Teen Town

In case you a) have had a woefully inadequate jazz education, b) have an unnatural grudge against bass players or c) are one of these persons with the common sense to not like jazz or jazz fusion at all, you’re familiar with the Jaco Pastorious composition “Teen Town.” Here is a refresher for the few that care.

As a bass player, I dig on it obviously because it’s Jaco and he’s busting out the crazy funky bass lines. But as a composer, I really find it fascinating because it’s a bass melody, and in ways that differ very fundamentally from just “the bass playing the melody.” It’s a bass melody in the sense that it is impossible to conceive the tune performed in any other voice besides the bottom voice. Could you imagine Teen Town played with a walking bass line and the melody played in, say, the trumpet? Actually…now that I’m thinking about that…that sounds like an interesting idea….hmm…

The point I’m trying to make, though, is that Teen Town really inspired me to think in terms of that sort of syncopated, sixteenth note melody being not only performed but specifically written for the bass. It’s an exciting concept, especially if you then are able to layer counterpoint on top of it. The bass isn’t simple a “function of the chord,” but rather a melody until itself that is just as busy and interesting as a melody written for the upper register. It’s such a fun concept to not only write for, but play on, and that’s what inspired me to write the bassline for one of my latest tunes “Mary’s Room,” (read the wikipedia entry for info on the title.)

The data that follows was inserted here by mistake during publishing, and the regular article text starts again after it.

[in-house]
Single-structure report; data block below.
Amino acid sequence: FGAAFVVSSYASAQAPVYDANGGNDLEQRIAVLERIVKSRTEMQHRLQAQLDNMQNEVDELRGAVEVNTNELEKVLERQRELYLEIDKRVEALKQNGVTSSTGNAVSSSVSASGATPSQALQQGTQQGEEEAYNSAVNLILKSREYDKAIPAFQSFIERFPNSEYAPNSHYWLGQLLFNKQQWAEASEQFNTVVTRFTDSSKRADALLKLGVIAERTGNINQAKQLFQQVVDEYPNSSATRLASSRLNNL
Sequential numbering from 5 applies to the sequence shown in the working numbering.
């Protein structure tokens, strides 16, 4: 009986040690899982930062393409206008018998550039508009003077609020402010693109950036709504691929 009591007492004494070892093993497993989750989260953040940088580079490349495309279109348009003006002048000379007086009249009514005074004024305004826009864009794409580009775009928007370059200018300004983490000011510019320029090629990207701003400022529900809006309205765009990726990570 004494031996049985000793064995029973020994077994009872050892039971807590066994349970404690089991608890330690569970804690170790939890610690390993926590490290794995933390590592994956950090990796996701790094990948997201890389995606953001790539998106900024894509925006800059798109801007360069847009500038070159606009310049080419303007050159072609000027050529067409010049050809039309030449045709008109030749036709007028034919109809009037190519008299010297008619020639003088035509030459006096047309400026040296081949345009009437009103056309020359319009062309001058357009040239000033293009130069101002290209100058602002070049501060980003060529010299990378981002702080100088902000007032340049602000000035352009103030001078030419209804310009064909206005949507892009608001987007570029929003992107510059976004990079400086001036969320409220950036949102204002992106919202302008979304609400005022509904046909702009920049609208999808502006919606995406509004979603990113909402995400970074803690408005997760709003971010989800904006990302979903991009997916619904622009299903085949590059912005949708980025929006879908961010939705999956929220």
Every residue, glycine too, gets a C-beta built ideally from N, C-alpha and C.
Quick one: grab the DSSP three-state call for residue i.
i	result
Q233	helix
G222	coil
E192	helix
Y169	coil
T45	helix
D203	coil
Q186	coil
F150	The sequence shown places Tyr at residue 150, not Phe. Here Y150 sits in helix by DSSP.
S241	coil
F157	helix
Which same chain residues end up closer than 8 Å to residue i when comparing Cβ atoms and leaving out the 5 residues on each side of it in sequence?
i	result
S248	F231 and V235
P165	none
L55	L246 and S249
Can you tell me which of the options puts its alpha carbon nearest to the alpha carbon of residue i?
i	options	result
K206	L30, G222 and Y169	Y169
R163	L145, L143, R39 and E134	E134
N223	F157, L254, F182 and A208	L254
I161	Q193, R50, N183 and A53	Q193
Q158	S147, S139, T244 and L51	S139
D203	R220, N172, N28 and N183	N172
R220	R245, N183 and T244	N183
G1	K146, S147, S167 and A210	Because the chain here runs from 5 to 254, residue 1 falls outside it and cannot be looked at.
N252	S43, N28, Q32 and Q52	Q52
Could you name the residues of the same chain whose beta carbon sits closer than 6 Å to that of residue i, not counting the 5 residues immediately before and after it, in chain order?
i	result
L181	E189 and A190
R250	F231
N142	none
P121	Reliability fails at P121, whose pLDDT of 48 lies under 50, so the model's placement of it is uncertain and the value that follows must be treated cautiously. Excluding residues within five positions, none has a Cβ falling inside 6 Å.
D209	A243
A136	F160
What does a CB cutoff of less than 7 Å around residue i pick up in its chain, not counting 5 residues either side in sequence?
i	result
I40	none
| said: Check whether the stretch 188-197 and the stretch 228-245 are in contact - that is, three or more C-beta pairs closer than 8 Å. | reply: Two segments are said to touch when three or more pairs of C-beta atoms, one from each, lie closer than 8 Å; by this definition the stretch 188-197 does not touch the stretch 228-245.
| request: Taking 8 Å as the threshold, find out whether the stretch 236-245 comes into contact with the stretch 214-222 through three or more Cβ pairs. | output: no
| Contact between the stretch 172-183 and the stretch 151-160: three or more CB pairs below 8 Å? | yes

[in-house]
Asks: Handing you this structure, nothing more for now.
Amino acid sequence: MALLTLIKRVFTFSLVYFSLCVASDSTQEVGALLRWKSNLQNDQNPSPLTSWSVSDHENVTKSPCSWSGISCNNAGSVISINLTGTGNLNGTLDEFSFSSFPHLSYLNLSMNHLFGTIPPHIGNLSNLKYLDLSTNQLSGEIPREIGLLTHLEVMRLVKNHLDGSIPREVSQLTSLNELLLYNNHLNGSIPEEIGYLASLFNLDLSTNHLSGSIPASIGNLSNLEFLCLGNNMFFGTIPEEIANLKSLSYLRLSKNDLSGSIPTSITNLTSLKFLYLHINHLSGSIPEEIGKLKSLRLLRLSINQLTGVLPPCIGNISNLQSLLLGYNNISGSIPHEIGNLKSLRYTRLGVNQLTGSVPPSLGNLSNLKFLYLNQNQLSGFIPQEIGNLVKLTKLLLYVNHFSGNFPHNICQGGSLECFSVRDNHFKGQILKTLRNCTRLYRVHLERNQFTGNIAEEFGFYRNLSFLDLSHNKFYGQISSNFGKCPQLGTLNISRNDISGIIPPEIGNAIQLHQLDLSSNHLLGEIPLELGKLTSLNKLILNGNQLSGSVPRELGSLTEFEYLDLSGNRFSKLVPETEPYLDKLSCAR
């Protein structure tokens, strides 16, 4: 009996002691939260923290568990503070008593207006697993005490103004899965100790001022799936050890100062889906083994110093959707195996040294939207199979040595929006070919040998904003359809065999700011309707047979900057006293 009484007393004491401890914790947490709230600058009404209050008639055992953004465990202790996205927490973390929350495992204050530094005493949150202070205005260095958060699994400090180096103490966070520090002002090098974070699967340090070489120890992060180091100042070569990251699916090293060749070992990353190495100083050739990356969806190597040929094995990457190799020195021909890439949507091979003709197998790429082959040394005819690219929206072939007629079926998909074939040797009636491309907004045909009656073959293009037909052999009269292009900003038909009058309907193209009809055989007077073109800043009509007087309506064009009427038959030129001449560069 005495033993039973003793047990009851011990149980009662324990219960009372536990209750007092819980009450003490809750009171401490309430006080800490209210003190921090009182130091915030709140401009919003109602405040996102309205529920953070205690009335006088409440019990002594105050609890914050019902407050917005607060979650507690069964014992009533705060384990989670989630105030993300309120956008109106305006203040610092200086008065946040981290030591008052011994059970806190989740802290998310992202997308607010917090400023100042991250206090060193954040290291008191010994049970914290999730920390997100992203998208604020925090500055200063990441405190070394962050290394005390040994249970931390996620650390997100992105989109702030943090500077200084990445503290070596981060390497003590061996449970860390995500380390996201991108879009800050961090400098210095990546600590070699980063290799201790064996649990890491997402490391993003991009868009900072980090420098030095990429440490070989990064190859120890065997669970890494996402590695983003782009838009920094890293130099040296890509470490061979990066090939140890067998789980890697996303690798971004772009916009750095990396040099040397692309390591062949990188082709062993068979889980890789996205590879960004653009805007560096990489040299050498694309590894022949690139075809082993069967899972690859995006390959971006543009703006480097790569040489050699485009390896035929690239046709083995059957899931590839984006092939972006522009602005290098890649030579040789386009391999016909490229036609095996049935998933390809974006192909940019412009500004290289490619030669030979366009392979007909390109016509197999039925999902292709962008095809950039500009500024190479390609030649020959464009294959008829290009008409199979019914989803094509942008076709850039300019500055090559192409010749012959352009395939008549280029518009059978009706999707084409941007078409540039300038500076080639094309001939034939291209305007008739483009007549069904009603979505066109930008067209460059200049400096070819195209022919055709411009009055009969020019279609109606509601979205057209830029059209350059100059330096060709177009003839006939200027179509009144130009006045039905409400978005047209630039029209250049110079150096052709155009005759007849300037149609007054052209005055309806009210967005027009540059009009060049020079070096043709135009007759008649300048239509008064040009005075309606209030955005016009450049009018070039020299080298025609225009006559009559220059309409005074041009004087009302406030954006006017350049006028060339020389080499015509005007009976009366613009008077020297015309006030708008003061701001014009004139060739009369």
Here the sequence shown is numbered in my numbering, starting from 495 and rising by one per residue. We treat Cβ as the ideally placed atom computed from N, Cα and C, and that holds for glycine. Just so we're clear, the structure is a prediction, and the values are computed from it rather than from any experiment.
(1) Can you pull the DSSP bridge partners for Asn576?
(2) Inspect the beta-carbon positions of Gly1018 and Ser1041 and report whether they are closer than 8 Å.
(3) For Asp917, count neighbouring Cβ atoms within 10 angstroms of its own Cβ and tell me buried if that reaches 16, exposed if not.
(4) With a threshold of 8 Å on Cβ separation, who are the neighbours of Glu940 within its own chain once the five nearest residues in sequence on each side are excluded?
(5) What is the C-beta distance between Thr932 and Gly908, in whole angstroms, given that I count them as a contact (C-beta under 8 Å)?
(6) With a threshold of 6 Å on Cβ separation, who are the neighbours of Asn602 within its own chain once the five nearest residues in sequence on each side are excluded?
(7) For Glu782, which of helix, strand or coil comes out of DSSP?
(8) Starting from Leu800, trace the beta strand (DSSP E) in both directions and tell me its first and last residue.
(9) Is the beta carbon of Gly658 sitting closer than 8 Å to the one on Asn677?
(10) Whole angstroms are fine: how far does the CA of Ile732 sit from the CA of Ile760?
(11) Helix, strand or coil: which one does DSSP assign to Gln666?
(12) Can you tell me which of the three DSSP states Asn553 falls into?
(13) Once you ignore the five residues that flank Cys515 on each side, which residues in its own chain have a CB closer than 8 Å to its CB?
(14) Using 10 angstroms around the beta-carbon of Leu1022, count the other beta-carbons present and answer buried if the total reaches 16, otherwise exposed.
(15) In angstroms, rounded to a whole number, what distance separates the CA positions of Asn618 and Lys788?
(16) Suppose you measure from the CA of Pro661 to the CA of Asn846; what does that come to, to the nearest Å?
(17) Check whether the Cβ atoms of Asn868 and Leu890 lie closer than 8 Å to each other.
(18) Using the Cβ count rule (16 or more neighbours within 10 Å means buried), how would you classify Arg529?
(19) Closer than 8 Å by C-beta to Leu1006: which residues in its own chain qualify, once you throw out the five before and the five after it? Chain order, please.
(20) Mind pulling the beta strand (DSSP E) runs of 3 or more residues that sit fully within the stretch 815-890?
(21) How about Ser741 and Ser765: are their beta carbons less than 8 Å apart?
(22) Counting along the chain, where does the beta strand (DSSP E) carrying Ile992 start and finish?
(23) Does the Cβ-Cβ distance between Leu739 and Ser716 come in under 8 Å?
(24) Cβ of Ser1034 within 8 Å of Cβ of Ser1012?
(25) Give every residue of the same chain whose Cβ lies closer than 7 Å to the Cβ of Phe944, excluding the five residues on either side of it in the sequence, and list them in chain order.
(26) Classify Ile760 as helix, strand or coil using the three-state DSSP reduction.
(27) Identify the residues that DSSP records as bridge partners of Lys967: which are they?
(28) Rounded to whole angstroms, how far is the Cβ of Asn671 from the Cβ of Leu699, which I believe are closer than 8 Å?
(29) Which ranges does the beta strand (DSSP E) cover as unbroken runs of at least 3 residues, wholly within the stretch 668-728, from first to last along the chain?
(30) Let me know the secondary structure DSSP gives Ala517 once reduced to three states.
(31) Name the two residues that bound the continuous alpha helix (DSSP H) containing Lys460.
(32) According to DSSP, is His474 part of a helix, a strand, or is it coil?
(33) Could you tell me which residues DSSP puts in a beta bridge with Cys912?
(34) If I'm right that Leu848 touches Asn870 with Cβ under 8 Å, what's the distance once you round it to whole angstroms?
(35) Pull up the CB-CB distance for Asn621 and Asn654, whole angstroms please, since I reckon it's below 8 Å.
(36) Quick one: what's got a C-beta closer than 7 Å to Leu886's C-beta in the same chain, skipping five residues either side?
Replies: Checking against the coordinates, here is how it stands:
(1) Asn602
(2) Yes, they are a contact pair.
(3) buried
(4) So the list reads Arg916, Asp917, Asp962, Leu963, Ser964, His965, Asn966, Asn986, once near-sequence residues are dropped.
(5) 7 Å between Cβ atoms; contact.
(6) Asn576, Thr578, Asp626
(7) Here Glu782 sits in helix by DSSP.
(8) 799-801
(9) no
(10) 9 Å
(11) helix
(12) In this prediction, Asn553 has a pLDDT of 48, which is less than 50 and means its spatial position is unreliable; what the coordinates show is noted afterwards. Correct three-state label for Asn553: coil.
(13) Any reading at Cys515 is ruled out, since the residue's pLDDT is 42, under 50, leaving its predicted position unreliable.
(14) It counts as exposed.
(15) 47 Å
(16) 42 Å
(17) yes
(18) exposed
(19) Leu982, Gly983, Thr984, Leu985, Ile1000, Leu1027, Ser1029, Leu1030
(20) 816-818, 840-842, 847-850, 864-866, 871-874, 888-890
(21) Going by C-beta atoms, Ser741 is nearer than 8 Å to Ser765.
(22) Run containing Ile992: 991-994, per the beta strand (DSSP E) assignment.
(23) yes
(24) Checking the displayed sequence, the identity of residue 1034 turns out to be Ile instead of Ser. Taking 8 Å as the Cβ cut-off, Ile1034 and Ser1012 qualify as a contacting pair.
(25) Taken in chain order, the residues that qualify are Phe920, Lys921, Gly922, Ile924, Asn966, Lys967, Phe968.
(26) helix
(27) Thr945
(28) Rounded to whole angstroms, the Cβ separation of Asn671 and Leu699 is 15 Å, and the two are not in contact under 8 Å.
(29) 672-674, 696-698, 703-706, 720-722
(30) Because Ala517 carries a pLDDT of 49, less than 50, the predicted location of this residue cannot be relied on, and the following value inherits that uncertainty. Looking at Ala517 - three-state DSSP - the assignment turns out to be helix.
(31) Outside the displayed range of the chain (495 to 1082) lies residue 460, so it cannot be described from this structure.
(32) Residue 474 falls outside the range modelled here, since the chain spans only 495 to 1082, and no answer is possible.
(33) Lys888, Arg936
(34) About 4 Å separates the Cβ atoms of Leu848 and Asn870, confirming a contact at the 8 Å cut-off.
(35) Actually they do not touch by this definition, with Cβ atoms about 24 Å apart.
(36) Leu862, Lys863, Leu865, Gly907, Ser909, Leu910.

I almost went off the deep end trying to include AH modal concepts here, including some I have yet to rant madly about here on this blog (rest assured, however, those rants are coming). If you skip ahead to 2:04, you’ll hear this bassline.

The beauty (?) with writing basslines in the “Teen Town style” is that they don’t have to have a slavish connection to the root motion. The first measure emphasizes F, even though the chord symbol reads Gbmaj7/Bb. The keyboard is playing a Bb in it’s bass, but the bass melody is ignoring that, and decides it wants to emphasize the fifth of the Bb root (7th if you believe Gb is the root). This sort of thing happens throughout  (the second measure emphasizes the voice leading between F and F# instead of the A root). The bass only rarely plays on the downbeat, and when it does (the third measure, for example), it sounds like the end of the phrase of the previous measure because of the odd time signature.

This whole concept of a bass melody in the actual bass register (versus the bass playing way up high on the instrument) isn’t used very often, and I feel like it’s a really neat tool to play with. There is a lot of interest that can be created by these complex melodies in the lower register, and damn are they fun to play.

Basically…..I like Teen Town. If you got a problem with that, talk to Jaco.

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Welcome to Adam Neely's blog/website. Check out his compositions, links, and information about lessons on the top bar, and enjoy the music!

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